Tiny Desk


Fredrik: Tiny Desk Concert

  • Download
  • <iframe src="https://www.npr.org/player/embed/126282837/126393294" width="100%" height="290" frameborder="0" scrolling="no" title="NPR embedded audio player">

I first fell in love with the beautiful world of sound crafted by the Swedish band Fredrik in the fall of 2008, shortly after the group released its mesmerizing debut, Na Na Ni. At the time, Fredrik had grown from a duo to a sextet with a gift for lush, multilayered orchestrations and soaring group harmonies. (Listen to "Black Fur," the opening cut to Na Na Ni, to hear for yourself.) Since then, the band has scaled back to a duo again, with founding members Fredrik Hultin on vocals and guitar and Ola Lindfelt on electronics and percussion.

Fredrik's new album, Trilogi, is a bit more restrained than the band's debut. It's also stranger and darker. A concept album, it's broken into three parts, with each part named after fictional locations. There's "Holm," which means "frozen forest island"; "Ava," which means "water through sound"; and "Ner," which means "inside the underground." Trilogi is Hultin and Lindfelt's soundtrack for this imaginary world. They say they wrote the music as they "traveled through the locations" in their minds. They also say they were inspired by the writings of horror and fantasy author H.P. Lovecraft.

But you really don't need to follow all of that to enjoy the music. Trilogi is simply gorgeous and hypnotic. It's also very much a studio album, so we were curious to see how Fredrik would pull it off as a Tiny Desk Concert. Lindfelt manned a snare and maraca and triggered odd sounds with a little keyboard, while Hultin strummed guitar and sang. They even offered a stripped-down version of "Black Fur," that soaring opener to Na Na Ni. It all came together beautifully.

Set List
  • "Ner"
  • "Locked in the Basement"
  • "Black Fur"

Frannie Kelley and Bob Boilen (cameras); edited by Michael Katzif; photo by May-Ying Lam

[+] read more[-] less

More From Tiny Desk

Jun Tsuboike/NPR

Tiny Desk

Ben Folds

Performing solo, Folds performs three songs from his new album and two old favorites.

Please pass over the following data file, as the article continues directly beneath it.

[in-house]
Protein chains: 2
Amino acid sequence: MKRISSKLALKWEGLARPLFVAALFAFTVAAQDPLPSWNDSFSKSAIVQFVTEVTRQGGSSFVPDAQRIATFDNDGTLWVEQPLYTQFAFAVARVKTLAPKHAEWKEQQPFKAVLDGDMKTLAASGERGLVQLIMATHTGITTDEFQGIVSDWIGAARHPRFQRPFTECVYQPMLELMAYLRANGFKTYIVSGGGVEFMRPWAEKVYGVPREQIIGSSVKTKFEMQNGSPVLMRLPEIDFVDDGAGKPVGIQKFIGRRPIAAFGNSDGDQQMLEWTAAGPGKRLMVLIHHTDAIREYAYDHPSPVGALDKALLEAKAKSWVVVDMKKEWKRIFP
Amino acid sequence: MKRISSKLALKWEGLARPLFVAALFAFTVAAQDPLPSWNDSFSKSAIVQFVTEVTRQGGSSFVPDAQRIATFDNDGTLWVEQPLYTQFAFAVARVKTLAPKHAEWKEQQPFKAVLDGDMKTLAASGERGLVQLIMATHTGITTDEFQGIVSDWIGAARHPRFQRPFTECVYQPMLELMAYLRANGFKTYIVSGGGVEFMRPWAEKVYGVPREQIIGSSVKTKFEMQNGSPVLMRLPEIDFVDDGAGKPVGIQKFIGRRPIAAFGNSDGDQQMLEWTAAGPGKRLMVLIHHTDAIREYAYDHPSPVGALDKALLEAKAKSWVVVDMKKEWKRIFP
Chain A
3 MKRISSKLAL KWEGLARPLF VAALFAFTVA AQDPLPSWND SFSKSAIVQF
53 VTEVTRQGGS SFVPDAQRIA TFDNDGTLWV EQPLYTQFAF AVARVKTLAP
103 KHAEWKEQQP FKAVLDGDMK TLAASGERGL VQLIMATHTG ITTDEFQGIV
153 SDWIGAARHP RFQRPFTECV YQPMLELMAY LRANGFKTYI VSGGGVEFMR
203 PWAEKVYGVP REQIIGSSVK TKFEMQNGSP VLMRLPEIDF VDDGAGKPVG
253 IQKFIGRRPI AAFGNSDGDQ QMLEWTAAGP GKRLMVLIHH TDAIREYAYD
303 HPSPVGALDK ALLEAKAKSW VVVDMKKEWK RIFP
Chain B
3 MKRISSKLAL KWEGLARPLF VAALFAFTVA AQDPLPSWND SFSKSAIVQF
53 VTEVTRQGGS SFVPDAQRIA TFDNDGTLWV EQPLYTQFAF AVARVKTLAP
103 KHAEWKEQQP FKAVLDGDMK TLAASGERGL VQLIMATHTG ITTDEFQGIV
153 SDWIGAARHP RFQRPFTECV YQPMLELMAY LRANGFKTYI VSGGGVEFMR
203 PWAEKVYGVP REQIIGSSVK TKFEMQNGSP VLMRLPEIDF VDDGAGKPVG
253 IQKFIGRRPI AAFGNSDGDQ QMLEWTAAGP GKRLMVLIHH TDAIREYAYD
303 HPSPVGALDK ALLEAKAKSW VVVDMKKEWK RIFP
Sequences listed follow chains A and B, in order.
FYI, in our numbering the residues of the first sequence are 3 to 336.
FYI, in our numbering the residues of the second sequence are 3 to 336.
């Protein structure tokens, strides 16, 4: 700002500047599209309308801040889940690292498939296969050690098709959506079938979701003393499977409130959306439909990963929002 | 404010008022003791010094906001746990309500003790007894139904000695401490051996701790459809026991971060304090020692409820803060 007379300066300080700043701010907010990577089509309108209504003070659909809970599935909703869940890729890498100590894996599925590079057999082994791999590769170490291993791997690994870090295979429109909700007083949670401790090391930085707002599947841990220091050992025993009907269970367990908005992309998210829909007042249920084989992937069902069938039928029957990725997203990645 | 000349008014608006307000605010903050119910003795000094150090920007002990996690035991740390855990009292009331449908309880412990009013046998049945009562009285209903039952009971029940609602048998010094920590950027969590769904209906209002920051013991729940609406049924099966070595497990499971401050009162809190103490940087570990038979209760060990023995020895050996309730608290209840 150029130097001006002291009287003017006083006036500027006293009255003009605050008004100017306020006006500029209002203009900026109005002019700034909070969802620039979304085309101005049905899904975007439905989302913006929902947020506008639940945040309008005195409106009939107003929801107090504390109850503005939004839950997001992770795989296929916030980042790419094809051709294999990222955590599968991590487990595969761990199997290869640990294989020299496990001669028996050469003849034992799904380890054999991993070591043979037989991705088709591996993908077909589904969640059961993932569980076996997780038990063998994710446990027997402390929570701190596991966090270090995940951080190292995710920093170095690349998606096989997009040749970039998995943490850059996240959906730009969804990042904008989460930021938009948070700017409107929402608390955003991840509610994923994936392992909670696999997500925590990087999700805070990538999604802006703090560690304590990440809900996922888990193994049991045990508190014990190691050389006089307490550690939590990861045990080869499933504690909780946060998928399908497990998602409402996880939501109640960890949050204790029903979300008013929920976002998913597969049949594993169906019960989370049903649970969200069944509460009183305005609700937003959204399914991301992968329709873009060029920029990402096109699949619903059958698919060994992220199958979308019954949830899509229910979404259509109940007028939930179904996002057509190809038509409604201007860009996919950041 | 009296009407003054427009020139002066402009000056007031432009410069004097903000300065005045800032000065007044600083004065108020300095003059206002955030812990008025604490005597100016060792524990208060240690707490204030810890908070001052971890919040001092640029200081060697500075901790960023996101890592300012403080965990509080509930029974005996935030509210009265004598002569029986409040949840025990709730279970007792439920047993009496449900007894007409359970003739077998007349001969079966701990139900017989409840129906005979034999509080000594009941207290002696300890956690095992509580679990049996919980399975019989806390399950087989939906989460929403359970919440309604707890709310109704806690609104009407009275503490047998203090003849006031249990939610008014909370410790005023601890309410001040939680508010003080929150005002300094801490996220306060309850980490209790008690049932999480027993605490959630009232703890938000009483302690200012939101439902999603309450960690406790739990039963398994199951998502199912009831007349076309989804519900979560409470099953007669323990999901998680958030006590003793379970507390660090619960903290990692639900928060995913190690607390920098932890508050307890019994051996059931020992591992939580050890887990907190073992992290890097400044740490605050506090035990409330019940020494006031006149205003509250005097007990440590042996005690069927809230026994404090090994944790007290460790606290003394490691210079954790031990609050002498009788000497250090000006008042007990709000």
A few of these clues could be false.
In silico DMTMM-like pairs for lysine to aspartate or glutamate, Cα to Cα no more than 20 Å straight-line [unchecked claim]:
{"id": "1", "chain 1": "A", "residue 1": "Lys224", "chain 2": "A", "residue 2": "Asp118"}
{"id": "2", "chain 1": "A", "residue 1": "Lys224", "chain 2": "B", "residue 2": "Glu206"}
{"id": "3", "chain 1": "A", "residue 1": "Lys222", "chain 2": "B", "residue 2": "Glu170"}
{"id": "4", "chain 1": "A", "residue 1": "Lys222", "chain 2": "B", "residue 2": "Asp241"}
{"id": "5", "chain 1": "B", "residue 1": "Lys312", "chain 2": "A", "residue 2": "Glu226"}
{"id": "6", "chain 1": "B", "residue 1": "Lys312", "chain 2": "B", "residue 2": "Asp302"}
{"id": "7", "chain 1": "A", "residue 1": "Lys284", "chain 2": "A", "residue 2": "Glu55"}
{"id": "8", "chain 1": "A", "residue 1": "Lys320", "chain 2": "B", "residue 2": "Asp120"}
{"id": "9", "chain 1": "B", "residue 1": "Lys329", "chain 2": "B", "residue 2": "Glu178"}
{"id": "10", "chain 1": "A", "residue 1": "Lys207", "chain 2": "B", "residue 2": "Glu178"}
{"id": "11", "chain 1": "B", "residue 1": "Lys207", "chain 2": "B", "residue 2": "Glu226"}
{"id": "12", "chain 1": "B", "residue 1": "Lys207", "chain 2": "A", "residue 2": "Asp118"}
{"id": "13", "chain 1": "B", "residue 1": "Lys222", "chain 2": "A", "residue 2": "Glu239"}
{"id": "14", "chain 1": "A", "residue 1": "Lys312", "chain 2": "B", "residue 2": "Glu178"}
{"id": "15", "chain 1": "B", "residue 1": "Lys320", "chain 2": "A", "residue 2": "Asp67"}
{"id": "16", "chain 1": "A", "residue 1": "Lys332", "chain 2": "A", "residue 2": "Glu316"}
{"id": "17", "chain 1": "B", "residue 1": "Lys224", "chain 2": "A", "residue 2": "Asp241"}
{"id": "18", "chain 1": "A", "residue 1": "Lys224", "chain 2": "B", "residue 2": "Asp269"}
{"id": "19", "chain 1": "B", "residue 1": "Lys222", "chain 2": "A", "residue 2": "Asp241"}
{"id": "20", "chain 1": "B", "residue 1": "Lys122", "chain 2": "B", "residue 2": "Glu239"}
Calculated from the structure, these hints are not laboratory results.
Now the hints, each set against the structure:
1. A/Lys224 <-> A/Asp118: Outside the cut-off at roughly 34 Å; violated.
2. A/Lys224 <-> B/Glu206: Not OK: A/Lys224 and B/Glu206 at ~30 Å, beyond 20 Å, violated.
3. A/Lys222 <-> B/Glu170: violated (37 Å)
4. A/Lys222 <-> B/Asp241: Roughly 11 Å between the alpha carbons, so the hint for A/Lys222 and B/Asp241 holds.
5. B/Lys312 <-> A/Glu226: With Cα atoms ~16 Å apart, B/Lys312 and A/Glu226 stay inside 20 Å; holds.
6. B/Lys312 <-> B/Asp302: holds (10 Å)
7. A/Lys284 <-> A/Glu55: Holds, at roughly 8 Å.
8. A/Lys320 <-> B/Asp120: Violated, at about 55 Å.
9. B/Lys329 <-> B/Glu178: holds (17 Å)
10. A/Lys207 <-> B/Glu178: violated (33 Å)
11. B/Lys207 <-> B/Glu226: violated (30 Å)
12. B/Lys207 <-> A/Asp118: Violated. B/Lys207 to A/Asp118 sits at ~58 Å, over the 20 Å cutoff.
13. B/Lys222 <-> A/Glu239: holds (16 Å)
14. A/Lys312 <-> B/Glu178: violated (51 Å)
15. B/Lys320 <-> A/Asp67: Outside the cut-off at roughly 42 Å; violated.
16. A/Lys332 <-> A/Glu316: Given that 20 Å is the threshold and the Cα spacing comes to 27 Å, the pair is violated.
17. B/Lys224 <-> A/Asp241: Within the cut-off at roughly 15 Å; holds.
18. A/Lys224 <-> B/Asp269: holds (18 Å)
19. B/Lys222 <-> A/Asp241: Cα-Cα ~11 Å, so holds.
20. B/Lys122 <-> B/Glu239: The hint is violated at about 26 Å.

Tiny Desk Concert with Chelsea Wolfe. Ariel Zambelich/NPR hide caption

toggle caption Ariel Zambelich/NPR

Tiny Desk

Chelsea Wolfe

Wolfe takes three songs from the metallic Abyss and makes them howl by their lonesome.

Tiny Desk Concert with Car Seat Headrest. Jun Tsuboike/NPR hide caption

toggle caption Jun Tsuboike/NPR

Tiny Desk

Car Seat Headrest

Will Toledo is a wordsmith with a vision, as well as a DIY sound that's still finely crafted.

Tiny Desk Concert with EL VY. NPR hide caption

toggle caption NPR

Tiny Desk


The National's Matt Berninger and Menomena's Brent Knopf team up in an intimate setting.

Tiny Desk Concert with The Arcs. Jessica Mowery/NPR hide caption

toggle caption Jessica Mowery/NPR

Tiny Desk

The Arcs

It's our 500th show at the Tiny Desk, featuring The Black Keys' Dan Auerbach and his new band.

Tiny Desk Concert with Wolf Alice. NPR hide caption

toggle caption NPR

Tiny Desk

Wolf Alice

The band's music can be noisy and primal, but at the Tiny Desk it showed a different side.

Tiny Desk Concert with River Whyless. Jun Tsuboike/NPR hide caption

toggle caption Jun Tsuboike/NPR

Tiny Desk

River Whyless

The North Carolina band fills its rootsy music with unexpected instruments and clever ideas.

Tiny Desk Concert with Benny Sings. Morgan Walker/NPR hide caption

toggle caption Morgan Walker/NPR

Tiny Desk

Benny Sings

The Dutch singer layers R&B, jazz and pop over hip-hop beats in his first-ever U.S. appearance.

Tiny Desk Concert with Natalie Merchant Jun Tsuboike /NPR hide caption

toggle caption Jun Tsuboike /NPR

Tiny Desk

Natalie Merchant

The singer-songwriter gives a warmhearted performance of two new songs, an old favorite and a hymn.

Tiny Desk Concert with Mariachi Flor De Toloache Jun Tsuboike/NPR hide caption

toggle caption Jun Tsuboike/NPR

Tiny Desk

Mariachi Flor De Toloache

While on tour with The Arcs, the powerhouse mariachi band performs live in the NPR Music offices.

Back To Top